By Paul Homewood
h/t Philip Bratby
The problems mount up for the smart meter roll out.
[As an aside, I wonder how much we have all paid the likes of Kirstie Allsop to plug them?]
From the Telegraph:
More than a million households may be unable to benefit from the new breed of fully switchable smart meters, it has emerged.
The £11bn smart meter roll-out, promoted by celebrities including Kirstie Allsopp has seen more than 12 million installed, but has been dogged by issues of meters “going dumb” and losing their smart functions when a customer switches energy supplier.
Switching remains the best way to reduce energy bills. Customers with smart meters can switch, but they will typically lose the “smart” benefits.
The new generation of meters is supposed to connect to a centralised network accessible by all suppliers, fixing the problem.
But Telegraph Money has learned that dozens of suppliers are not yet full members of the network, meaning their customers will not receive fully functioning meters.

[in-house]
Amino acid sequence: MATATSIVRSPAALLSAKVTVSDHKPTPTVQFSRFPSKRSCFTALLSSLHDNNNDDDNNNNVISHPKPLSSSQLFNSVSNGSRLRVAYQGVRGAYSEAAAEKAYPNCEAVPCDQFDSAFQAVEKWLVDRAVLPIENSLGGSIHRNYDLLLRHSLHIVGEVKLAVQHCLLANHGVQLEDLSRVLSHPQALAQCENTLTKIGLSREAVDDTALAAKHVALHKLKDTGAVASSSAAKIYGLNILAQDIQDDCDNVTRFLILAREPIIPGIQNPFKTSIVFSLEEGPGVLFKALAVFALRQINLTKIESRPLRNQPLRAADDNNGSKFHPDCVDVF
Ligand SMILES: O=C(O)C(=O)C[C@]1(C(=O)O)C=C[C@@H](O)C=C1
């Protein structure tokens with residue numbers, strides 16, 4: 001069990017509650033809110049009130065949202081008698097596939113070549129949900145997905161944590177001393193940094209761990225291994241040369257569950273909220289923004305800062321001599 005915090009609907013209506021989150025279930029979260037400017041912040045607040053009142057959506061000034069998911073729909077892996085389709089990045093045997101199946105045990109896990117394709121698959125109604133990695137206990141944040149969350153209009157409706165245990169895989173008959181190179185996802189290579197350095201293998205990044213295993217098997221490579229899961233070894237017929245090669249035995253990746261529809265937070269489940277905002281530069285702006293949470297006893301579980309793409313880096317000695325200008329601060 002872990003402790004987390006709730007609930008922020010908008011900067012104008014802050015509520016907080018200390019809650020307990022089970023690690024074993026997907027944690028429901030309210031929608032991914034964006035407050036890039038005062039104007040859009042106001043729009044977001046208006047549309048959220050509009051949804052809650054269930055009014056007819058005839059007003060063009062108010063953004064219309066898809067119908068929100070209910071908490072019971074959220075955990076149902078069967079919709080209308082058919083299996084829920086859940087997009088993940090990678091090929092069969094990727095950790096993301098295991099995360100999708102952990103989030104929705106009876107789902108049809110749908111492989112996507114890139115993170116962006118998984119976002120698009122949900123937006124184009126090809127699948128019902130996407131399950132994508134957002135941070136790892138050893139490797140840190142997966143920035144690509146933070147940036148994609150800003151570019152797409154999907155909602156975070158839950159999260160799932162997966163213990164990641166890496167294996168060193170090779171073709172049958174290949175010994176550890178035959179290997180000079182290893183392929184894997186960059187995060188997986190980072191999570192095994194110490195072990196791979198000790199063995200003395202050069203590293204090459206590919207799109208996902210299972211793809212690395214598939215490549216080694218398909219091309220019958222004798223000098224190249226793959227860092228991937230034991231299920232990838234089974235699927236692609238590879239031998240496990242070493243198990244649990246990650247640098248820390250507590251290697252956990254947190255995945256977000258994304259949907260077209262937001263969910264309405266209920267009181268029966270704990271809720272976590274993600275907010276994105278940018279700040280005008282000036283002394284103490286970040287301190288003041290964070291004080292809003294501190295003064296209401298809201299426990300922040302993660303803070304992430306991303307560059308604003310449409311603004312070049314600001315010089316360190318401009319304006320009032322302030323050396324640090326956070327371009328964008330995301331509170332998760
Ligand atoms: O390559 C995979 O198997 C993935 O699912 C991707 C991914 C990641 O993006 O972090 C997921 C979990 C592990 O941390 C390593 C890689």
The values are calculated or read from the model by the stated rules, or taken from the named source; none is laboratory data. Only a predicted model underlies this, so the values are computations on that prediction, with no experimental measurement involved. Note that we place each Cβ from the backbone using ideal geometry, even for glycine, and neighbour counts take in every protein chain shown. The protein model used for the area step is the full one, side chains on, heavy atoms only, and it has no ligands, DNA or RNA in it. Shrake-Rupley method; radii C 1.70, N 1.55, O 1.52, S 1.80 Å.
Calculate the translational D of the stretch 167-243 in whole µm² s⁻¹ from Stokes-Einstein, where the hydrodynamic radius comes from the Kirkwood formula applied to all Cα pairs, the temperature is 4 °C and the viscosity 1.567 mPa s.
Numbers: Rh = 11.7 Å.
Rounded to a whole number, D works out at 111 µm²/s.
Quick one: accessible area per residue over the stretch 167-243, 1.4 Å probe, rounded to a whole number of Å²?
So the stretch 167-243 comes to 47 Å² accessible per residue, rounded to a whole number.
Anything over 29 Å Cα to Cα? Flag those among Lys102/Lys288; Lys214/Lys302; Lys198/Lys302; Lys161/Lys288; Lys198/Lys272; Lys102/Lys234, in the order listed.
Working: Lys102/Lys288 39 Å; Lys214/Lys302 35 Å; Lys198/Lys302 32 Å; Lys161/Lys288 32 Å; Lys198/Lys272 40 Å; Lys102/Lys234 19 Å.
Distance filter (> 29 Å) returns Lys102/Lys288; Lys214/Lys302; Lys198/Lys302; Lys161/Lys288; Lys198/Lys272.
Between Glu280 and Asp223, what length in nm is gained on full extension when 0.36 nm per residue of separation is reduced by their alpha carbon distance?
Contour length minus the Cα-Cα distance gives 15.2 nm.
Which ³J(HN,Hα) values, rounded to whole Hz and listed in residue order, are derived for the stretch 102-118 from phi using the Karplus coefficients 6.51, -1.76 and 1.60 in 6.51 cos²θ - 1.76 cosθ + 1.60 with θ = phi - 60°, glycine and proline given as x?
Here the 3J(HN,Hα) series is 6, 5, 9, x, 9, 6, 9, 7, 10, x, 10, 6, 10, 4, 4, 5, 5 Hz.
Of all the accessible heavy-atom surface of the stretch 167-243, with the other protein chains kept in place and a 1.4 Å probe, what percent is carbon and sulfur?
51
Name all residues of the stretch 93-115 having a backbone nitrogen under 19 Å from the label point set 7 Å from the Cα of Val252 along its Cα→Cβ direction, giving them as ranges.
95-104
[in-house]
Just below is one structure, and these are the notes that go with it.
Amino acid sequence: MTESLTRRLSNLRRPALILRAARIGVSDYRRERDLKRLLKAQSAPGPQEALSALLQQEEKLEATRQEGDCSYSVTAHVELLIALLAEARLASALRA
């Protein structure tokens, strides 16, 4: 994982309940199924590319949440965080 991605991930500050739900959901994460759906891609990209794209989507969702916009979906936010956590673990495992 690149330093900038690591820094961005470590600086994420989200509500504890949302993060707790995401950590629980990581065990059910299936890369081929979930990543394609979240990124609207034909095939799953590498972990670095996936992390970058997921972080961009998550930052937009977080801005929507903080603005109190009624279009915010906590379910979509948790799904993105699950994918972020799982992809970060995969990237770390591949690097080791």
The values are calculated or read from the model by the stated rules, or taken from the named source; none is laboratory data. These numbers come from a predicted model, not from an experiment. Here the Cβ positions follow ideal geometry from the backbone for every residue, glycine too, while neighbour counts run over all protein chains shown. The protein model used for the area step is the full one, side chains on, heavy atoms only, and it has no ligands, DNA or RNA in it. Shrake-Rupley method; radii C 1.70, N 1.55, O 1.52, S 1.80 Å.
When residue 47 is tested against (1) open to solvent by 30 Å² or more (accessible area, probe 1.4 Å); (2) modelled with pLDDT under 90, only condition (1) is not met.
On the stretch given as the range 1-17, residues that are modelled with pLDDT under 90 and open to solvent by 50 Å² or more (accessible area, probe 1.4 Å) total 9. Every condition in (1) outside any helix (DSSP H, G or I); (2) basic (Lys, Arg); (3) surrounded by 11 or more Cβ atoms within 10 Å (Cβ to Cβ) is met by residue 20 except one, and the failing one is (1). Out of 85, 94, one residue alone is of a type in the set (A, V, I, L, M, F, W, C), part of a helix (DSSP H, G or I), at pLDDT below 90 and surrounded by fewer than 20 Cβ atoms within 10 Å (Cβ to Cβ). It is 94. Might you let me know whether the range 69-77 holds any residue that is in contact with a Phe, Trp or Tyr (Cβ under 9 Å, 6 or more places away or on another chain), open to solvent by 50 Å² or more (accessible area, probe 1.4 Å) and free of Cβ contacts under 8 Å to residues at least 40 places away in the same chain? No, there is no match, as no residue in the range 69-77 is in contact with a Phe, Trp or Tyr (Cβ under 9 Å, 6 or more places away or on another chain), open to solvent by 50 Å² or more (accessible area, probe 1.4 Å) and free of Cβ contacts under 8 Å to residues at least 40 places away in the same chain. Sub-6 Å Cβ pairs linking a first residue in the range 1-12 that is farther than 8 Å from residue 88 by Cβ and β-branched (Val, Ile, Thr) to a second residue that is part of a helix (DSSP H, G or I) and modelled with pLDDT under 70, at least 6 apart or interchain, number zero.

The news comes just a week before the date at which suppliers must stop installing first-generation smart meters, and is another blow to the Government’s flagship clean energy policy, which was heavily criticised last week by spending watchdogs.
Jane Lucy, of switching service The Labrador, said: “Consumer benefits from the smart meter roll-out exist when consumers know how to unlock them. Time and time again they are told to switch and save, yet with the new meters, despite all the promises, it now appears they can’t.”
She added that the energy regulator, Ofgem, should do more to make sure consumers benefit from smart meters, and called on it to reveal the names of the suppliers yet to sign up.
Firms go through several testing stages before they can become full members of the network, operated by the Data Communications Company (DCC), a part of Capita, a process that can take months.
Ofgem said it would consider enforcement action against suppliers not yet signed up. A spokesman for the DCC said 95pc of consumers are with suppliers capable of installing second-generation meters. That leaves roughly 1.3 million households that risk missing out.
via NOT A LOT OF PEOPLE KNOW THAT
December 1, 2018 at 08:46AM